Poor return: Packers, Montgomery look to get past fumble
GREEN BAY, Wis. (AP) — Ty Montgomery left Los Angeles Memorial Coliseum Sunday after his crucial fumble during a kickoff return without talking to reporters. He had plenty to say on Monday.
The Green Bay Packers running back and kick returner talked more about his uncertain role and anonymous criticism from a teammate than about costing his team a chance to beat the Rams.
Montgomery acknowledged what Packers coach Mike McCarthy suggested after the 29-27 loss and again on Monday — that the return unit was told by coaches before the kick to take a touchback if the ball went into the end zone. That would have given quarterback Aaron Rodgers the ball with 2:05 left in the game with one timeout to work with in hopes of taking back the lead.
Instead, Montgomery caught the ball 2 yards deep and decided to bring it out, only to fumble the ball away to the Rams, who ran out the clock for the victory.
"I made a split-second decision. (I thought), 'I don't know if this is going to land on the goal line, so I'm not going to take a knee on the goal line, at the half-yard line and take a chance at putting the game in the refs' hands,'" Montgomery said Monday.
"Unfortunately, I ended up fumbling the football. I don't think we'd be having this conversation if I didn't fumble the football because we know how good our 2-minute offense is," he added. "But I've never been a guy to completely disobey what I'm being told."
McCarthy said Monday that the call to take the touchback was relayed to the return unit in the huddle before the kickoff.
"To be at 2:05, that's exactly what we're looking for with the ability to stop the clock twice," McCarthy said. "He made a mistake."
"I don't fully understand what my role is right now, what I'm supposed to be doing, how I'm supposed to help this team," Montgomery said.
He acknowledged that he'd been directed to take the touchback, saying of special teams coordinator Ron Zook, "He said the same thing he always says: 'Call the return, if it's in the end zone, keep it in the end zone.'"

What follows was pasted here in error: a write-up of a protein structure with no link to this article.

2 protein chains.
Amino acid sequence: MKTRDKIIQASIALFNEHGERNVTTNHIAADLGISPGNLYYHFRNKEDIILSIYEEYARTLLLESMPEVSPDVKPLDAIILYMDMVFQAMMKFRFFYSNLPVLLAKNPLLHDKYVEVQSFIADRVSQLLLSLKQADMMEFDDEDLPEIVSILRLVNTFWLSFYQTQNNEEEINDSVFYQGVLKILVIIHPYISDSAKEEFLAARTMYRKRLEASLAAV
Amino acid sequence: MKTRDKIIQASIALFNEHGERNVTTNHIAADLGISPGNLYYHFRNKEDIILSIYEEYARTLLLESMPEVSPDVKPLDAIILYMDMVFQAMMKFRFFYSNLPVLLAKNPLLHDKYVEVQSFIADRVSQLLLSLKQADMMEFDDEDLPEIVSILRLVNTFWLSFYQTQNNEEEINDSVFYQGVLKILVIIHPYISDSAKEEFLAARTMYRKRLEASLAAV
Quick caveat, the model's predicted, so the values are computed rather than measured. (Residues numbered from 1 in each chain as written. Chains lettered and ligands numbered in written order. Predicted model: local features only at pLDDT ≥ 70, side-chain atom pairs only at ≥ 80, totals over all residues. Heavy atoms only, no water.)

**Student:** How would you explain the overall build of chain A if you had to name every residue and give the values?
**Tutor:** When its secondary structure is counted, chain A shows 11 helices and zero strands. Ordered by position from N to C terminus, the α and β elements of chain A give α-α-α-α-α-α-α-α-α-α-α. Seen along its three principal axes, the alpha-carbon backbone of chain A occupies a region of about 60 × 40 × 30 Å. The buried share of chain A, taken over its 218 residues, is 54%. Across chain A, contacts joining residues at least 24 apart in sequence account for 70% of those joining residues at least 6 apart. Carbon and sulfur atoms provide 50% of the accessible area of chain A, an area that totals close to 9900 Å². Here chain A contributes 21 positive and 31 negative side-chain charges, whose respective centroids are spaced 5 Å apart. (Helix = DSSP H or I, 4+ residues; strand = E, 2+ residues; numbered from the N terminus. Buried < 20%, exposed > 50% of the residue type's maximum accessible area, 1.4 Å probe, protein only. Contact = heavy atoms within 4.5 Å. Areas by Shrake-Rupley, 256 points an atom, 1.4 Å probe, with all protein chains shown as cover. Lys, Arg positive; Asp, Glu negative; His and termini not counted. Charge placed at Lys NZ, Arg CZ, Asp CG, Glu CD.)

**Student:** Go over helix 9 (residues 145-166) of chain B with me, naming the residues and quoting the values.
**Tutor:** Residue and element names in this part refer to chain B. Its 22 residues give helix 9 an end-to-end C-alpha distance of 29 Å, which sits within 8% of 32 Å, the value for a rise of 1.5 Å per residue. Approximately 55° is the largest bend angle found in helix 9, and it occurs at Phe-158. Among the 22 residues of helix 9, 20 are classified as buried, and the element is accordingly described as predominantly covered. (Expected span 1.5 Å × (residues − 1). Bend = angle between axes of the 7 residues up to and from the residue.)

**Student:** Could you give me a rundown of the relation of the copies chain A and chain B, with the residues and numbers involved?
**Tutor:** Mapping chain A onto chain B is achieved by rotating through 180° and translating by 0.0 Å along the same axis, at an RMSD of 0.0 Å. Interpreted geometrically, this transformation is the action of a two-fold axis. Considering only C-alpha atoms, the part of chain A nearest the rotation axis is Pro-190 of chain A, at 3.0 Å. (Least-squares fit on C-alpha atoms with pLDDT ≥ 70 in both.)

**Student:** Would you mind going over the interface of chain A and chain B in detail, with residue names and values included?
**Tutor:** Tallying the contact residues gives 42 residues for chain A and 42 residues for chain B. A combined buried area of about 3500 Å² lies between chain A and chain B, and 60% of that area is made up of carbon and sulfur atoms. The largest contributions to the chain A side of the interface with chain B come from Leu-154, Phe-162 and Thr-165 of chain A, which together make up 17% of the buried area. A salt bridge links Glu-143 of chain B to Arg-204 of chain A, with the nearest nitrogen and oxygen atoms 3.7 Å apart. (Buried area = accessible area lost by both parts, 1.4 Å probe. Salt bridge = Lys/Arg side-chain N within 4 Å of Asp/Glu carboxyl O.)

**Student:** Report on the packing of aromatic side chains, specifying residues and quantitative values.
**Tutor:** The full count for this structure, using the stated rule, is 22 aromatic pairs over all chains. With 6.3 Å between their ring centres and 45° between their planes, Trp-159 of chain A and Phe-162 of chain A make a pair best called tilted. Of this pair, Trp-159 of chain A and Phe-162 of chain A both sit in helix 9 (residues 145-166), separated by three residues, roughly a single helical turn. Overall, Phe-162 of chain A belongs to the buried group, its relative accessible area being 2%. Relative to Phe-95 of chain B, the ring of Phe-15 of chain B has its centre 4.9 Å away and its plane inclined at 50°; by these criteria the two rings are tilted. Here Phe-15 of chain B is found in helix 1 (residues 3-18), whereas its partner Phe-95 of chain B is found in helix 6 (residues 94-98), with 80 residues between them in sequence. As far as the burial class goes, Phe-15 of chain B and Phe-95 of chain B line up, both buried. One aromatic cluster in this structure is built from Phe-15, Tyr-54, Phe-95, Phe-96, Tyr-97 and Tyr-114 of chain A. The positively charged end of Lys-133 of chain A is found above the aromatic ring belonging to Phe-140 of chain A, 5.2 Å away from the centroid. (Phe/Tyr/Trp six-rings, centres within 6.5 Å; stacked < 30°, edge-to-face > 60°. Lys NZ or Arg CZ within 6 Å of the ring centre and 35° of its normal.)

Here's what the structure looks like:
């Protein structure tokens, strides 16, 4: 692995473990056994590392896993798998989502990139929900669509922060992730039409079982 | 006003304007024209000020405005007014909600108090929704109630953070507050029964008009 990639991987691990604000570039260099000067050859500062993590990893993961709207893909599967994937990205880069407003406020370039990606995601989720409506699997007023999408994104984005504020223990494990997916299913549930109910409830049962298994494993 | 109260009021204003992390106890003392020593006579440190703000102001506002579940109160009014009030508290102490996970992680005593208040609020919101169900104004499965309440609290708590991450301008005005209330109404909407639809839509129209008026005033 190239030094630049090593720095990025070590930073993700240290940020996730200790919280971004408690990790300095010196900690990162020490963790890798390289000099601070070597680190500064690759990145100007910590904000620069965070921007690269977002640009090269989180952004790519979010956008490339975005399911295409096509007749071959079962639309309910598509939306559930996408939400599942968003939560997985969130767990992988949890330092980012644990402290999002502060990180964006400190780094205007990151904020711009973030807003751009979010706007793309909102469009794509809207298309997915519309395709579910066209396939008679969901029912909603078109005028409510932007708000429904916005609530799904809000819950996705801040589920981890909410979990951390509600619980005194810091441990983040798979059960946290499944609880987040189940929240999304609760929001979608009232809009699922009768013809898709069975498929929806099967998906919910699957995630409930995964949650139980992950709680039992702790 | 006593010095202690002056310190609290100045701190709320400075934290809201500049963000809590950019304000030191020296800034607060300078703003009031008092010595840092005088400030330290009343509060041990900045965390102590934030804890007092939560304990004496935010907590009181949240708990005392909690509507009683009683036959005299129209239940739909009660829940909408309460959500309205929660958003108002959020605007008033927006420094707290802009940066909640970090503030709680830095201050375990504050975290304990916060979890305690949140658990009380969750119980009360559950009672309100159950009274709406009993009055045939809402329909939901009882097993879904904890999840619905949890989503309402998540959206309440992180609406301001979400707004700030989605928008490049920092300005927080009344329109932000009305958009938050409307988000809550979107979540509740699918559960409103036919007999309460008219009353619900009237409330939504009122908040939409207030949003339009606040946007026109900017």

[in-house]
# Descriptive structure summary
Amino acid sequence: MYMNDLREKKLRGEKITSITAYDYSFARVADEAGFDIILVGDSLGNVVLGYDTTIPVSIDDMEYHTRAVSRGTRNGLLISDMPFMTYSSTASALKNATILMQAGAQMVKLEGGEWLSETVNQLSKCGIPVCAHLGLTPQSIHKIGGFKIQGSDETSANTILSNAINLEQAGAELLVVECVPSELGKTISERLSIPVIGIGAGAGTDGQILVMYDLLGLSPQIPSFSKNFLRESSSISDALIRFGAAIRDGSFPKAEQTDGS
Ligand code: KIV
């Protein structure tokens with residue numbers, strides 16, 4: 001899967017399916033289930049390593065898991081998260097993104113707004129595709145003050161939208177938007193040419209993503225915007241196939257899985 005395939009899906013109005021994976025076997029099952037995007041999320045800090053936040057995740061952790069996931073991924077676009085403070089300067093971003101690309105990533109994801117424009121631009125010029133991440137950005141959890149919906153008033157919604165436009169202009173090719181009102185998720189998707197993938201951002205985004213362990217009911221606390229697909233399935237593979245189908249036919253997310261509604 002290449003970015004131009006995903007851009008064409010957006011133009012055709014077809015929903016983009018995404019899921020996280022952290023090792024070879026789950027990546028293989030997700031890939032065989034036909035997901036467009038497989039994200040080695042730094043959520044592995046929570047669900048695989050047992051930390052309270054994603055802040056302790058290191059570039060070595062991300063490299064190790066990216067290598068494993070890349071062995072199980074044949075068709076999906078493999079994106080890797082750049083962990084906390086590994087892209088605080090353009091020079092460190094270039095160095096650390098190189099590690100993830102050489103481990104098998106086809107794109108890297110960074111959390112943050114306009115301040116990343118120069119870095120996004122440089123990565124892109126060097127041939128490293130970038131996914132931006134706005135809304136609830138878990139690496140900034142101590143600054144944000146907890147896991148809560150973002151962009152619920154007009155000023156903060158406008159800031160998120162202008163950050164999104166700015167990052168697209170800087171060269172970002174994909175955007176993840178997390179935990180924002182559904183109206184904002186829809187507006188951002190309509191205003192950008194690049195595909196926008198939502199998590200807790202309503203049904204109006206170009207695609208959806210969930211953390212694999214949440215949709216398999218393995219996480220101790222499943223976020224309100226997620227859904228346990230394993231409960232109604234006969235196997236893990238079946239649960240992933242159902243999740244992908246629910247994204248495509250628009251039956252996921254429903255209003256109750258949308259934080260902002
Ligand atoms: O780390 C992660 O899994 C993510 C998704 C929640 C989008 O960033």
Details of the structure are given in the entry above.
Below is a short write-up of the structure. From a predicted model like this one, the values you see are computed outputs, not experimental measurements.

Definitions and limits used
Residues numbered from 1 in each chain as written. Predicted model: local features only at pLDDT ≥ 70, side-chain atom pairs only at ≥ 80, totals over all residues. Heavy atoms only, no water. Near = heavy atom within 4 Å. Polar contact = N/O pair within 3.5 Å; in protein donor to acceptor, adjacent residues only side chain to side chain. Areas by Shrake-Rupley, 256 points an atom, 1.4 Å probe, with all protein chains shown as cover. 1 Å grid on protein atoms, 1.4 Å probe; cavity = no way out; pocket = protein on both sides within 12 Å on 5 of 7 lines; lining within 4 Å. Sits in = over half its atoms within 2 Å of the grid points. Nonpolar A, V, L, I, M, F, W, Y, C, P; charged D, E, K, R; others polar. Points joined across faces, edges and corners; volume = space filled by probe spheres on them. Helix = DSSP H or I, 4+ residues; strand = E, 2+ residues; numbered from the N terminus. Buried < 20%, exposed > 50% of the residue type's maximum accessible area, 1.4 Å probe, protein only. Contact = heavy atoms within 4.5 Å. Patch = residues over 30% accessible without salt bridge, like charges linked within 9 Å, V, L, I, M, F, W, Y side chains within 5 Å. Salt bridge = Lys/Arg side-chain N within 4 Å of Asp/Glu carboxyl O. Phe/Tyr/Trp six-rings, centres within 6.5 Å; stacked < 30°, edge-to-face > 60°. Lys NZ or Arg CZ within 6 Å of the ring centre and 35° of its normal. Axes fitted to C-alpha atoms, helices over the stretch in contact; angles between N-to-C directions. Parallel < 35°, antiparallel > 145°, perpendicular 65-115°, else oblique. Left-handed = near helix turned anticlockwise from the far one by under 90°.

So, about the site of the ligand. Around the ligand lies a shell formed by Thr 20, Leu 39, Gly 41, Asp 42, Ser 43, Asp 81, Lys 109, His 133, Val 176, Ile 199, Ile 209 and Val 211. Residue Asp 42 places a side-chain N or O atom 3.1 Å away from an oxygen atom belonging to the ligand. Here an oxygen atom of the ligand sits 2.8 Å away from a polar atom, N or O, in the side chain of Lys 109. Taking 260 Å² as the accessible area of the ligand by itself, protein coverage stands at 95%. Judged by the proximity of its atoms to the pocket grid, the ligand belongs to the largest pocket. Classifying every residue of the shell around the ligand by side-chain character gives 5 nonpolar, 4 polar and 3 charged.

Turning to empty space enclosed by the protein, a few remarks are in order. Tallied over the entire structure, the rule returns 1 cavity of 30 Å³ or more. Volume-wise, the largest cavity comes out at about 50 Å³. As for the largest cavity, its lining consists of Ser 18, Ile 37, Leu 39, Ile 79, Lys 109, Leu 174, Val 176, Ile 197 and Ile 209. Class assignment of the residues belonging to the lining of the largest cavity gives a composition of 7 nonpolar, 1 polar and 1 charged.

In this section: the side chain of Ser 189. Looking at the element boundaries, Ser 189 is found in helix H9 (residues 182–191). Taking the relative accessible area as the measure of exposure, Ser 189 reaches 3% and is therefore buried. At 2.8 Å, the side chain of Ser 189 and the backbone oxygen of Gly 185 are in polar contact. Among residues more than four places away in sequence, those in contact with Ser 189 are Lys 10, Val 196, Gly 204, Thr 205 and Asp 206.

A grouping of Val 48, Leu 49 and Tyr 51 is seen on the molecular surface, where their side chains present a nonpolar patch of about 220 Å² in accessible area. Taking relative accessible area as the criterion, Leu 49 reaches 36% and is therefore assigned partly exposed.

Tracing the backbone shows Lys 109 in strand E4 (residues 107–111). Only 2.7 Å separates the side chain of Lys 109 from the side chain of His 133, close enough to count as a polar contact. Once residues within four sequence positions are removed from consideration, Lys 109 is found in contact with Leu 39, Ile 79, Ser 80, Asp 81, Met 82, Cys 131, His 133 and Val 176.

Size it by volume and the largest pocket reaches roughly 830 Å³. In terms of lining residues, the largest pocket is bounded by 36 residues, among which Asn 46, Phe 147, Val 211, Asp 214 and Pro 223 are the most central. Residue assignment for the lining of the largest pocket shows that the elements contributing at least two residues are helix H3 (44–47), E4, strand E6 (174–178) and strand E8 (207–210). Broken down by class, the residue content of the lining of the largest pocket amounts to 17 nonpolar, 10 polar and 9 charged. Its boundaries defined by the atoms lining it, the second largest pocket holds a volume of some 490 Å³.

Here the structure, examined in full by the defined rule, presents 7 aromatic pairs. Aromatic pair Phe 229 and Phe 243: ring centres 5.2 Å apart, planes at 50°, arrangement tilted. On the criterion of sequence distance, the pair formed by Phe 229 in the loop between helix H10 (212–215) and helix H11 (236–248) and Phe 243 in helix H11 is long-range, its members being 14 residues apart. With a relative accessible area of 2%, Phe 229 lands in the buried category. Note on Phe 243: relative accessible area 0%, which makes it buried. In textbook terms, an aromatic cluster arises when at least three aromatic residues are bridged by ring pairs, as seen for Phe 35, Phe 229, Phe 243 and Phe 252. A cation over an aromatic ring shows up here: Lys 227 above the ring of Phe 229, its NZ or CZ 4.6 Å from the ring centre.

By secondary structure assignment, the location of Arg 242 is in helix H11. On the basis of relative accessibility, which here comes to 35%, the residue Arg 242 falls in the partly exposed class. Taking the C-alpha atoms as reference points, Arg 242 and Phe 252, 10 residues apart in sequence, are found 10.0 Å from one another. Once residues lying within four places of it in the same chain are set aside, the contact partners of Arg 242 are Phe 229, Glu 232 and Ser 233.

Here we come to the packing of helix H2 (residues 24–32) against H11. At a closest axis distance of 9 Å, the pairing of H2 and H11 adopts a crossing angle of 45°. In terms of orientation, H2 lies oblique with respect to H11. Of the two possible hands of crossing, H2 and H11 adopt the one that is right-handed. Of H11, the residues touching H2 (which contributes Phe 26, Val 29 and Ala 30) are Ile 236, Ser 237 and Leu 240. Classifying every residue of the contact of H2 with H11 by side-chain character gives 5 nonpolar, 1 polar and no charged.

The roughly 10-minute Q&A session with Montgomery then segued into a discussion of an NFL.com story in which one anonymous player said Montgomery "threw a fit" when he was taken out of the game on offense on the previous series and that Montgomery "ran it out anyway" because he was upset.
Montgomery denied Monday that he threw a "tantrum" and said that he was "very disappointed" that the player criticized him anonymously. Montgomery said that he would like "that one player to come and speak to me."
"It's very frustrating that the perception in the media now is no one has my back. I'm insubordinate. I'm a cancer, whatever is out there," Montgomery said, adding that he has gotten threats online.
"There's a lot of stuff that's not true that's causing me to have to deal with false accusations about my character, perceptions about my character. I've never been one to throw teammates under the bus.
"You guys know if you guys ever ask me questions about teammates, I always deflect it. I don't like it," he added. "So it's very disappointing especially as a guy who's jeopardized the length of his career, the amount of money he can make in his career, in the middle of a season being asked to do multiple things all the time. That's all I'm going to say about that."